What a clever director Robert Icke is! He ends his six years as associate director at the Almeida with a savagely brilliant version of an early 20th-century classic, which he has both translated from the German and transformed into a challengingly humane examination of many of the issues of our times.
It stands alongside his productions of the Oresteia, Mary Stuart, Hamlet and The Wild Duck at the same address for its clarity of purpose and its willingness to breathe new life into old plays, while never betraying their intention.
Here the text is provided by Professor Bernhardi, by Arthur Schnitzler, first produced in 1912, and controversial even then. Its subject is a Jewish doctor who refuses a priest admission to the bedside of a young woman who is dying of sepsis following a botched abortion. The doctor wants his patient to die in peace, without the knowledge of her death; the priest to forgive her mortal sin.
The collision between the rationalities of science and the sanctities of religion, between two types of comfort and care, between a Catholic and a Jew spins into a huge scandal. Icke, pulling the play into the contemporary world, has made the doctor a woman, Ruth Wolff – known by her cynically conspiring male colleagues as BB, as in big bad – and she is played by his regular collaborator Juliet Stevenson with an upright, uptight belief in her own integrity, a quick wit and what another character calls her "trademark disdain."
Because she is a woman, the cycle of accusation that unfolds around her is complicated not only by anti-semitism (as in Schnitzler), but also by a heaving tangle of gender and identity politics. Icke has further complicated an already murky situation by casting his excellent actors against the descriptions of their characters; white actors play black characters, women play men. Some roles – such as Wolff's 'partner' Charlie – are deliberately left non-gender specific although he/she is tenderly embodied by Joy Richardson.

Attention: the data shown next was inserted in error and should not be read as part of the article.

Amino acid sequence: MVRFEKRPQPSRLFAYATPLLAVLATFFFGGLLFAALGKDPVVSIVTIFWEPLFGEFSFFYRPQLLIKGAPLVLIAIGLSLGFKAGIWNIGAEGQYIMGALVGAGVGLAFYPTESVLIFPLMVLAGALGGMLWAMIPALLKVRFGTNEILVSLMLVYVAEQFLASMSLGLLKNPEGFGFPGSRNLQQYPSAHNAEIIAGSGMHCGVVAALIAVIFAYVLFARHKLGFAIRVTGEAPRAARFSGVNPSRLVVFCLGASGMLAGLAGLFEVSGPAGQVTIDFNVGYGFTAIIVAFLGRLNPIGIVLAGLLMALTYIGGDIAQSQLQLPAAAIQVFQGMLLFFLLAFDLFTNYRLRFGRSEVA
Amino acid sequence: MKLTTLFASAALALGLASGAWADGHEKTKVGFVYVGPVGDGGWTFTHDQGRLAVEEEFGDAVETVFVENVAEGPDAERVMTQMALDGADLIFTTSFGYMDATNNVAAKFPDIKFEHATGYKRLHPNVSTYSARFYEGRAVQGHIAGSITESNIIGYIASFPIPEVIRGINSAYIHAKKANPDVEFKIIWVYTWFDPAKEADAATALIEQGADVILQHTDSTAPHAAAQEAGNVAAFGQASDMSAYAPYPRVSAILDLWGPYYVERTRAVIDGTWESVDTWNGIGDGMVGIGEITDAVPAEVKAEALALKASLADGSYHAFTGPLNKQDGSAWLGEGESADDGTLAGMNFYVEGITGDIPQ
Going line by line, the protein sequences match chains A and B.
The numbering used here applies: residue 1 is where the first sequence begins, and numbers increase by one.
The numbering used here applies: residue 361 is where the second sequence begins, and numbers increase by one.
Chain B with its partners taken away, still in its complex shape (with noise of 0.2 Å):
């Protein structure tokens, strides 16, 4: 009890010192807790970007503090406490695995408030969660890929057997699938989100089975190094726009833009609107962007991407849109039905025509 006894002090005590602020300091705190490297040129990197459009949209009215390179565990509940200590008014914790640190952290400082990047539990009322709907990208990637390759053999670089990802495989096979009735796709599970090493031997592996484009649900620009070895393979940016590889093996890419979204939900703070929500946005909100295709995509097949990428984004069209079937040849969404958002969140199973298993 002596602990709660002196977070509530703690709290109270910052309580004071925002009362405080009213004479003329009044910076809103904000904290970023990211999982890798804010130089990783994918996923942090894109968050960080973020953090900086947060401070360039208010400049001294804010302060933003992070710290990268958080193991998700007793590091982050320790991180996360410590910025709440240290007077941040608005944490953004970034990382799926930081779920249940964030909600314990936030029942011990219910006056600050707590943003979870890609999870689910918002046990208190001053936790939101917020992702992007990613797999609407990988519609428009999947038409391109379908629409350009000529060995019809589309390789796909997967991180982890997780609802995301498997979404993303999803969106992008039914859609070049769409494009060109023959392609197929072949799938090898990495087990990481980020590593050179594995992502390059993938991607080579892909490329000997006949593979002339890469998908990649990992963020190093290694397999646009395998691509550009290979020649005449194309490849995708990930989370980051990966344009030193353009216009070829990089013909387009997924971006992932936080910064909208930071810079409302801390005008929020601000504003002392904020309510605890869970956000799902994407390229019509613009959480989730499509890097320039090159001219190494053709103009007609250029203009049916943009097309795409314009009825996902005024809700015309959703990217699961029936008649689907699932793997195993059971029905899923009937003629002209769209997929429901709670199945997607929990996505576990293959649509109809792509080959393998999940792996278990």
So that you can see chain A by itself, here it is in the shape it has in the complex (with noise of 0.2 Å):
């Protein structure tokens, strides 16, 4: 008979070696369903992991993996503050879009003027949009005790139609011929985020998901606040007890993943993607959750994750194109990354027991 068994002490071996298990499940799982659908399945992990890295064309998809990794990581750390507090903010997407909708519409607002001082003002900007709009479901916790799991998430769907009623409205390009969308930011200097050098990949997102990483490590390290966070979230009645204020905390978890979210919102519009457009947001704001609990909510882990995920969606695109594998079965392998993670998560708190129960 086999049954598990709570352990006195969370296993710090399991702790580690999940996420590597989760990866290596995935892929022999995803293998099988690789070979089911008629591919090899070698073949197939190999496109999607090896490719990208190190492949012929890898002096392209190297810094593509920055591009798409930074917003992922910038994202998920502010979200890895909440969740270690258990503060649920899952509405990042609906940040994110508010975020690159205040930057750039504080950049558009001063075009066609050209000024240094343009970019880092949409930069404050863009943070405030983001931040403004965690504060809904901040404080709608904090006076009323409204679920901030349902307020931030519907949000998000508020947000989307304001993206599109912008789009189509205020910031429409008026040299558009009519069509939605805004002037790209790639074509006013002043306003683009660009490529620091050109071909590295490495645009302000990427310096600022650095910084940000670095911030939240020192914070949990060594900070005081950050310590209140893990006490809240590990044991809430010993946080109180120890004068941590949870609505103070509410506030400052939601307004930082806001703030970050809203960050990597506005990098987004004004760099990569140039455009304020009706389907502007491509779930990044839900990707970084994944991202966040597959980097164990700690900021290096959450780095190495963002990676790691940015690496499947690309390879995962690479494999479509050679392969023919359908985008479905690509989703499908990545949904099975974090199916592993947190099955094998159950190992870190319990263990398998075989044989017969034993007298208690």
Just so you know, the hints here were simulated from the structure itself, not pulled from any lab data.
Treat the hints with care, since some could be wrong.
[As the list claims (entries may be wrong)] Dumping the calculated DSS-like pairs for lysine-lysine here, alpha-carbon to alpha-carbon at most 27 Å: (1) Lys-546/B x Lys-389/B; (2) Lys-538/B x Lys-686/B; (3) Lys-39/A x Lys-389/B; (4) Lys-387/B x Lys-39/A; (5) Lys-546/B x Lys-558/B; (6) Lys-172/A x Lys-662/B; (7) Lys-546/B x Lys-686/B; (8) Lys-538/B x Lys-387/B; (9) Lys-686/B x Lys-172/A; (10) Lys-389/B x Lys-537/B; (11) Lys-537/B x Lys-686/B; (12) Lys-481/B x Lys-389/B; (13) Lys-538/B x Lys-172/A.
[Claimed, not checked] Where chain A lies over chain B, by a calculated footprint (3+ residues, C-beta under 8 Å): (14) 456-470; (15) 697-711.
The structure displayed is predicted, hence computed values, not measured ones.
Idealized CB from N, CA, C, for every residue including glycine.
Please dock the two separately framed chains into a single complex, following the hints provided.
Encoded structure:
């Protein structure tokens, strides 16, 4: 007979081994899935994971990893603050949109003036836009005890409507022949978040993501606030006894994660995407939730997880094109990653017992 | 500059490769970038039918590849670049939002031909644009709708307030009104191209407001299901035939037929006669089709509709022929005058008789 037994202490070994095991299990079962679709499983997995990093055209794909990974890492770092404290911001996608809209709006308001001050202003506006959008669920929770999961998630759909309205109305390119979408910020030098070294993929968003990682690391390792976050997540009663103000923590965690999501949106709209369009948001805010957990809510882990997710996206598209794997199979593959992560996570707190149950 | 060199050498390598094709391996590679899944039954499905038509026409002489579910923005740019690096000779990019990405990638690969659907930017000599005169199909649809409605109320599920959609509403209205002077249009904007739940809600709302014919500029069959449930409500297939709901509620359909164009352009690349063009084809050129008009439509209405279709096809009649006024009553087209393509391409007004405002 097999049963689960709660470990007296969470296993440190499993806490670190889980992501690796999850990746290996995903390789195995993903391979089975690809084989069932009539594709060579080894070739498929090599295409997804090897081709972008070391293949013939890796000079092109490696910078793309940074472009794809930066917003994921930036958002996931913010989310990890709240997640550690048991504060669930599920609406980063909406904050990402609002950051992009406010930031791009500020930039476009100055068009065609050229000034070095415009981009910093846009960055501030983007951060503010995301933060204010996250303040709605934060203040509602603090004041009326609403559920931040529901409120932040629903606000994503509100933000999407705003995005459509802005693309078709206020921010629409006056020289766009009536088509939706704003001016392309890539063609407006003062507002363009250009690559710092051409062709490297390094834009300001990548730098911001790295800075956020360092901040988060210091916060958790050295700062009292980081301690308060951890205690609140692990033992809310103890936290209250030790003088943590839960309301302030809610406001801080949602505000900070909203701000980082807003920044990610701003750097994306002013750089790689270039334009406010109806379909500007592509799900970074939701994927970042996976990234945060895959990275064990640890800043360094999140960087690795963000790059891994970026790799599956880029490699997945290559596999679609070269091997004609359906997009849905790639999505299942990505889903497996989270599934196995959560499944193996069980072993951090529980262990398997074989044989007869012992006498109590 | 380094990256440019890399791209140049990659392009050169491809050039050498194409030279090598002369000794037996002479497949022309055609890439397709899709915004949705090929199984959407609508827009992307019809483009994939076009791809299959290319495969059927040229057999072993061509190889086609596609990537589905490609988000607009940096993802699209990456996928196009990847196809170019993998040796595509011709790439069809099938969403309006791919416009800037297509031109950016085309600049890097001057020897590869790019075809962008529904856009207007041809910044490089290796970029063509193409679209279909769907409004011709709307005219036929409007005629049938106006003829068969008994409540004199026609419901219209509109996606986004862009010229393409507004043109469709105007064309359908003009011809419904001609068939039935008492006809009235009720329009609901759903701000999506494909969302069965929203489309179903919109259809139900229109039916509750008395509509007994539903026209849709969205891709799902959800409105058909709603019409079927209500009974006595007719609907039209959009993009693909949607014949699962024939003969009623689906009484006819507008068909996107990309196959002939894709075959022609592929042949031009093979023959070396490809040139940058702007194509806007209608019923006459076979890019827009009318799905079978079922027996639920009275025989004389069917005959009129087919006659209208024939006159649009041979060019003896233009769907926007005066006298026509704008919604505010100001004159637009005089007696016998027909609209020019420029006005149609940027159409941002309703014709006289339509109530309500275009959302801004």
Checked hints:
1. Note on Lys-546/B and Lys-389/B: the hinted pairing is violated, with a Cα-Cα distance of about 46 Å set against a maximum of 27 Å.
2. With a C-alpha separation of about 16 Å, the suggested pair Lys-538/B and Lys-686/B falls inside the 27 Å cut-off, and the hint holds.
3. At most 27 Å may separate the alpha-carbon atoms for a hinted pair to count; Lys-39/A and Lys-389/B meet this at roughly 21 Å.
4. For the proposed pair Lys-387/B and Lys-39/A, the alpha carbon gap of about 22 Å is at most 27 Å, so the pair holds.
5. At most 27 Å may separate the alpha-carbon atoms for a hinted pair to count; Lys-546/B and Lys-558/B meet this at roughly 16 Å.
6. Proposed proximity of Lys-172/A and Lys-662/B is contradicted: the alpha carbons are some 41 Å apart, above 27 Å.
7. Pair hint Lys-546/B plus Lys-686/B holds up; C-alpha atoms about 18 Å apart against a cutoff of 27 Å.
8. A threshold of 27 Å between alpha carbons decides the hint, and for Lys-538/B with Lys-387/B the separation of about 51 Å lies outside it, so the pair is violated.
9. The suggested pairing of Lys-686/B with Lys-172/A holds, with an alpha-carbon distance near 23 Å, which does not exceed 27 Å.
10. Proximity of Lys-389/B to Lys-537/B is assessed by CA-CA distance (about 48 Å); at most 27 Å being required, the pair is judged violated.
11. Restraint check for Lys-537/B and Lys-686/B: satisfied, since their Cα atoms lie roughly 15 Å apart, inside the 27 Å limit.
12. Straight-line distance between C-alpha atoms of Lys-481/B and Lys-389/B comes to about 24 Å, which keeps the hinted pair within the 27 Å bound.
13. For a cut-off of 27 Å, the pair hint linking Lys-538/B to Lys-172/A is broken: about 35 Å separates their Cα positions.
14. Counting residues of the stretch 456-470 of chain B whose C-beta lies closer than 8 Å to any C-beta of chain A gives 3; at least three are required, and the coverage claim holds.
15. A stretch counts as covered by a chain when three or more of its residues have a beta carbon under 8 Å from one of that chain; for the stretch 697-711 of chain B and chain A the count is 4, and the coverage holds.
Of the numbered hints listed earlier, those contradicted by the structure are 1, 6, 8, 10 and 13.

Because the priest is played by the white actor Paul Higgins, it completely pulls the rug out from your assumptions when it is revealed that he is black – and Wolff is herself accused herself of racism and unconscious bias. The ground of accusation is constantly shifting, and the only thing that is absolutely clear is that everything is political, and self-interest and ambition will always have a role to play even at an institute, like the one where Wolff works, that is supposedly devoted to the disinterested pursuit of finding a cure for dementia.
These themes are given a physical manifestation by Hildegard Bechtler's clinical set, with a table at the centre which sometimes revolves as the arguments unspool, creating a sense of an endless round of accusation and counter-charge. Icke resolutely refuses to give anyone a clear argument; in a world where everyone is totally sure of their opinions, his point is that nuance is all. Nothing is entirely black and white; everything shimmers in shades of gray. This is best illustrated by the terrible moment where – in order to preserve her integrity and make her case – Wolff betrays a teenager she has befriended. Our sympathies may be with her as she faces the court of public opinion, enduring a witch hunt ill-informed and inflamed by lies being spread on social media, but she is not without flaw.
Icke directs all this like a thriller; the air positively crackles with the difficulty of the raging debate. It is a play entirely made up of ethical argument, yet it is so tense there are moments when you stop breathing – or when someone's point of view seems so outrageous that it demands a sharp intake of breath. It can be uncomfortable but it's also fiercely funny. The electricity is increased by the sheer tautness of Icke's direction; the way the lights barely flicker at each revelation; the freeze-framing of moments of violence; the live score played on drums by Hannah Ledwidge.
The performances too are excellent, with Ria Zmitrowicz in particular gently and truthfully touching as Woolf's teenage friend and Naomi Wirthner positively terrifying as her odious rival. But it is Stevenson who towers over the evening. She barely leaves the stage, as she registers each moment of Woolf's decline from powerful leader, in charge of her world and her emotions, to the haunted and hunted tragic figure she becomes at the end of almost three hours. It's an astonishing, gripping evening – and a testimony to Icke's unparalleled ability to make theatre that you can't turn away from.